Today there were a couple of articles on the BBC that were reporting on findings of a report that the Institute of Fiscal Studies have carried out basically saying that children born in August will not only struggle and be bullied at school, but are less likely to get into top universities and generally struggle their entire life with low self-esteem. So having a son born on the 29th August made me interested in the findings. Miles is the very youngest in his year at school, if he had been born a few days later he would have been the very oldest in the year below. Currently I think he is the youngest in the entire secondary school that he has just joined… scary thought!
In the article an “education expert and former teacher” describes kids like Miles as the “runt of a litter” … can’t say that I have ever felt that when I look at him with his class mates, but I certainly can relate to the problems in the current schooling system and the lack of understanding I think from teachers.
Fortunately Miles comes from good stock and up to the age of 6 or 7 he was always the top of the class and amazing teachers with his reading ability and maths. I would say that during his last few years at primary school I would kind of dread going to parents evenings as even though I would hear the reports of how good his work was and that he was in the top streams for Maths, I would always get the “but, he does tend to be a bit silly and mess around in class”. Numerous times I’d discussed it with the teachers to split him up from the other kids who would tend to mess, sit him by himself if needed, punish him.. whatever was required to make him behave or gain the maturity that was obviously lacking. He then started to fall back on his English and found it hard to write a good story (which is when we got a private tutor in) but there didn’t seem to be the extra help from the school and no real leeway in the targets that were imposed on the whole year group, so Miles was competing with kids nearly a year older than him. In a kids development, a year is a long time and there is so much to learn and take in, which of course makes a difference and should be accounted for in schools.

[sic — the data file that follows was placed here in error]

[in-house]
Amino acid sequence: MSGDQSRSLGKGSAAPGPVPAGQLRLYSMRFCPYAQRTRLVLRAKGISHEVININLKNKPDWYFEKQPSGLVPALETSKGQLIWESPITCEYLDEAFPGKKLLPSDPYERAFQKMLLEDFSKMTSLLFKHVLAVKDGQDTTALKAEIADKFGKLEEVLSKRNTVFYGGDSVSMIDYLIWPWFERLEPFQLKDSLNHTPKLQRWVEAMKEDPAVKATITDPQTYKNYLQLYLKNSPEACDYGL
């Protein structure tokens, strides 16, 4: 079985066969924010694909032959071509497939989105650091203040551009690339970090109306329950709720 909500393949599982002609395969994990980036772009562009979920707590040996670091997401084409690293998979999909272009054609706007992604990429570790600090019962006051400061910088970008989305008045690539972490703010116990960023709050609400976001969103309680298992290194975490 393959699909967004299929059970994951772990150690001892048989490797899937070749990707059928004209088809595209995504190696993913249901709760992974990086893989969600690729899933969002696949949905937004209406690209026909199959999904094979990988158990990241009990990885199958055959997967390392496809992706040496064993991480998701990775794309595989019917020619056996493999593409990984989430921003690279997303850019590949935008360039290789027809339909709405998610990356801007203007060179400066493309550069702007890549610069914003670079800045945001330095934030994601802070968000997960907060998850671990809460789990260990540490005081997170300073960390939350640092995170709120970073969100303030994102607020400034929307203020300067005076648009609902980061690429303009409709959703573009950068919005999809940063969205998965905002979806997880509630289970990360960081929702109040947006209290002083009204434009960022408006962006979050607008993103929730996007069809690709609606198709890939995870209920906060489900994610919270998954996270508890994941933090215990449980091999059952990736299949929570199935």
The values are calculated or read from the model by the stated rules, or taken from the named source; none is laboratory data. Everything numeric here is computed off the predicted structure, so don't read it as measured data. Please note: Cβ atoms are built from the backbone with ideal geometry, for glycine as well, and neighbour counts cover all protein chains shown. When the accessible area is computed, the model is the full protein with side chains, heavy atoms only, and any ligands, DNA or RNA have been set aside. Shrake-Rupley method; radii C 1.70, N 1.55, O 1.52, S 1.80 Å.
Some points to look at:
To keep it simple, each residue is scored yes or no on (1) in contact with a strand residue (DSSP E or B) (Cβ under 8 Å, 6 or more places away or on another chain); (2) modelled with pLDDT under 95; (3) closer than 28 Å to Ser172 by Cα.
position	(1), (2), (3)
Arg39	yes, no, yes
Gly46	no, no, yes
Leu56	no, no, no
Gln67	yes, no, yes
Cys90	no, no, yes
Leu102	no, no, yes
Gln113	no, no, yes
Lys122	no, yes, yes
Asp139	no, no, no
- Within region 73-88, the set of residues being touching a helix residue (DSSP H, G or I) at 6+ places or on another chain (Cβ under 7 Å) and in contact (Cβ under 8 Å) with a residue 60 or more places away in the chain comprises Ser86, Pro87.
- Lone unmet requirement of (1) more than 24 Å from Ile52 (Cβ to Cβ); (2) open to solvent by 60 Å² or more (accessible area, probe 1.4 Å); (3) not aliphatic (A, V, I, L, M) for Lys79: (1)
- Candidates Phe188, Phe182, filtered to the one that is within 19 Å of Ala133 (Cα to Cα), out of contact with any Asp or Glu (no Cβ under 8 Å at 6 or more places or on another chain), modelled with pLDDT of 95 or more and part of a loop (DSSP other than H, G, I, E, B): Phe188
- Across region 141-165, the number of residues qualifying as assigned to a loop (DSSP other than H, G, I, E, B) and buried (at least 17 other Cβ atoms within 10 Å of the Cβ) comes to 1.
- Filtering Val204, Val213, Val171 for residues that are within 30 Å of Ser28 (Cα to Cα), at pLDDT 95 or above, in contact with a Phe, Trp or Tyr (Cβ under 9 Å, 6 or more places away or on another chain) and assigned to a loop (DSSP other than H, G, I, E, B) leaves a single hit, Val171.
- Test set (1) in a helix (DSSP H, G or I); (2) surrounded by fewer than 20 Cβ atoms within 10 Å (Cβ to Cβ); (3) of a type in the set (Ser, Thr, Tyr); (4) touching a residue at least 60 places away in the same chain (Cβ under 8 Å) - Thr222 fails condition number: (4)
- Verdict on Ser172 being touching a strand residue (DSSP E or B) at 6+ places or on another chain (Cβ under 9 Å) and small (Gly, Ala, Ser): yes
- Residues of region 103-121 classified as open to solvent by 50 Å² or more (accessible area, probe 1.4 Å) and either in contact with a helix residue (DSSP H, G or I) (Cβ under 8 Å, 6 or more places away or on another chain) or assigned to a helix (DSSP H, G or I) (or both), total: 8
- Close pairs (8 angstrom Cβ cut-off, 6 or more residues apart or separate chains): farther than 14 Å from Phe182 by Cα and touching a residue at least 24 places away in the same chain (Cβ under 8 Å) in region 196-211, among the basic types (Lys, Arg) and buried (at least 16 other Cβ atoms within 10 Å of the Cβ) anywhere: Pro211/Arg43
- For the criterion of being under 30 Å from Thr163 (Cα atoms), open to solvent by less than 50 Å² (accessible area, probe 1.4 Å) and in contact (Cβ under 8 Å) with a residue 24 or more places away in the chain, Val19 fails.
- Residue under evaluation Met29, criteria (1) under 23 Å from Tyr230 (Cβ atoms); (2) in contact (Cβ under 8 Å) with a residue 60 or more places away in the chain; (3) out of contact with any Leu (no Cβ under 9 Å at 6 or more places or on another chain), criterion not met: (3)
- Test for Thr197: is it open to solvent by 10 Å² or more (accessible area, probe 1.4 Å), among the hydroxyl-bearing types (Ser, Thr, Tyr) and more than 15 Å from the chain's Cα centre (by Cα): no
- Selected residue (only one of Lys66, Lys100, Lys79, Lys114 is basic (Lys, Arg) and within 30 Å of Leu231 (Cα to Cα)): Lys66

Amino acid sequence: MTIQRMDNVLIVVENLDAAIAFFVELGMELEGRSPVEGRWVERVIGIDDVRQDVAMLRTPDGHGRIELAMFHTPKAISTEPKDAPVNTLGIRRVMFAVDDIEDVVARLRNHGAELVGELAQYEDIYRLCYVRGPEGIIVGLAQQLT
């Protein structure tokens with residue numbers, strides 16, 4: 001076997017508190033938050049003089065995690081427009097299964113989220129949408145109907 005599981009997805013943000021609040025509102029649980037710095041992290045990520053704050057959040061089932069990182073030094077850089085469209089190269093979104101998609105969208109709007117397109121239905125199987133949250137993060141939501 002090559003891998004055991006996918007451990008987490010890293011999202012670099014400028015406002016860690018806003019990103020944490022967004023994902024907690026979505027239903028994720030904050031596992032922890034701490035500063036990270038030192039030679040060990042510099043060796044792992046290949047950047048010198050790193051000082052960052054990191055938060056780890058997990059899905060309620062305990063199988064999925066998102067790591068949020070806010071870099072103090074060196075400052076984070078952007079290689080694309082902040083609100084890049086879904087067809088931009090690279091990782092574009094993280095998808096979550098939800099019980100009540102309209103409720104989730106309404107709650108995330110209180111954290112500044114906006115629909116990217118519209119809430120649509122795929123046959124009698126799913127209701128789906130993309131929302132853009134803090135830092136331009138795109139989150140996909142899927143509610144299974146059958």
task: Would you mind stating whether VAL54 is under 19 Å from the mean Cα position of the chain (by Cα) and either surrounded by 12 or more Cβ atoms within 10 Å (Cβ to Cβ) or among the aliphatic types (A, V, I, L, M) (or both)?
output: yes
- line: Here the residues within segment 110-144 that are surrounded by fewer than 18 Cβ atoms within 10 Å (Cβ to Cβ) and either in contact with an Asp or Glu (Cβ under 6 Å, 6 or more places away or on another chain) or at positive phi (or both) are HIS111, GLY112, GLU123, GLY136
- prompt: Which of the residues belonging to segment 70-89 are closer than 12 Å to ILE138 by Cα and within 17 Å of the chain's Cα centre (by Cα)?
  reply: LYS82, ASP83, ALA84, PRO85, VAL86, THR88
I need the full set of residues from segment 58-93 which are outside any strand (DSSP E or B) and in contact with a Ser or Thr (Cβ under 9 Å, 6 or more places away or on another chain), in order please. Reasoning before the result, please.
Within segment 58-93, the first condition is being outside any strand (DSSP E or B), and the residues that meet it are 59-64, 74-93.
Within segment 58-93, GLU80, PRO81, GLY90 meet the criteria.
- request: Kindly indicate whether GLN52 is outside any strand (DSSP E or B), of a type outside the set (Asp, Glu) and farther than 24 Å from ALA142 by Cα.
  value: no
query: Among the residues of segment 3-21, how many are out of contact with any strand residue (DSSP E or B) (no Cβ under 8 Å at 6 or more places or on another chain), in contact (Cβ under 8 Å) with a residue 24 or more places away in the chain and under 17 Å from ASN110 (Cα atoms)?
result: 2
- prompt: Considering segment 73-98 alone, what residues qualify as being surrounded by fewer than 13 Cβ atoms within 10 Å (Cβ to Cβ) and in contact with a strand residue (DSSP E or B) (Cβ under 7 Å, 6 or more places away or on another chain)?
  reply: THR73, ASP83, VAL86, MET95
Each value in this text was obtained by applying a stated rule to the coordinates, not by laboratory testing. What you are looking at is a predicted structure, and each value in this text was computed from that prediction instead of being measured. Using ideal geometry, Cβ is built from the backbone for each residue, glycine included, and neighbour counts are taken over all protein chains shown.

Parents of course have a massive role to play in making sure that the summer children have the extra support if they need it, rather than falling behind in class and struggling. They need to be encouraged to work that bit harder to keep up with their peers, and to take part in lots of activities to mix with older and younger kids, as age really shouldn’t be a defining factor. Miles outshone most of his year group in the area when he got the 12th highest mark for the 11+ entrance exam to the secondary school, so that was a brilliant achievement for someone who had just turned 10 when he took the test. This achievement only came from lots of hard work and determination to make sure he made the most of the opportunities.
So there isn’t a solution to the problem… as there will always have to be a cut-off point to split up the school years. I reckon that if Miles had really struggled he would have just dropped back a year to become the oldest in the year below, or we could have pushed for it I presume. There is so much pressure on kids (and parents) these days that all we can hope for is that they do the best they can, be as happy as they can, and get lots of support and praise for what they do manage to achieve.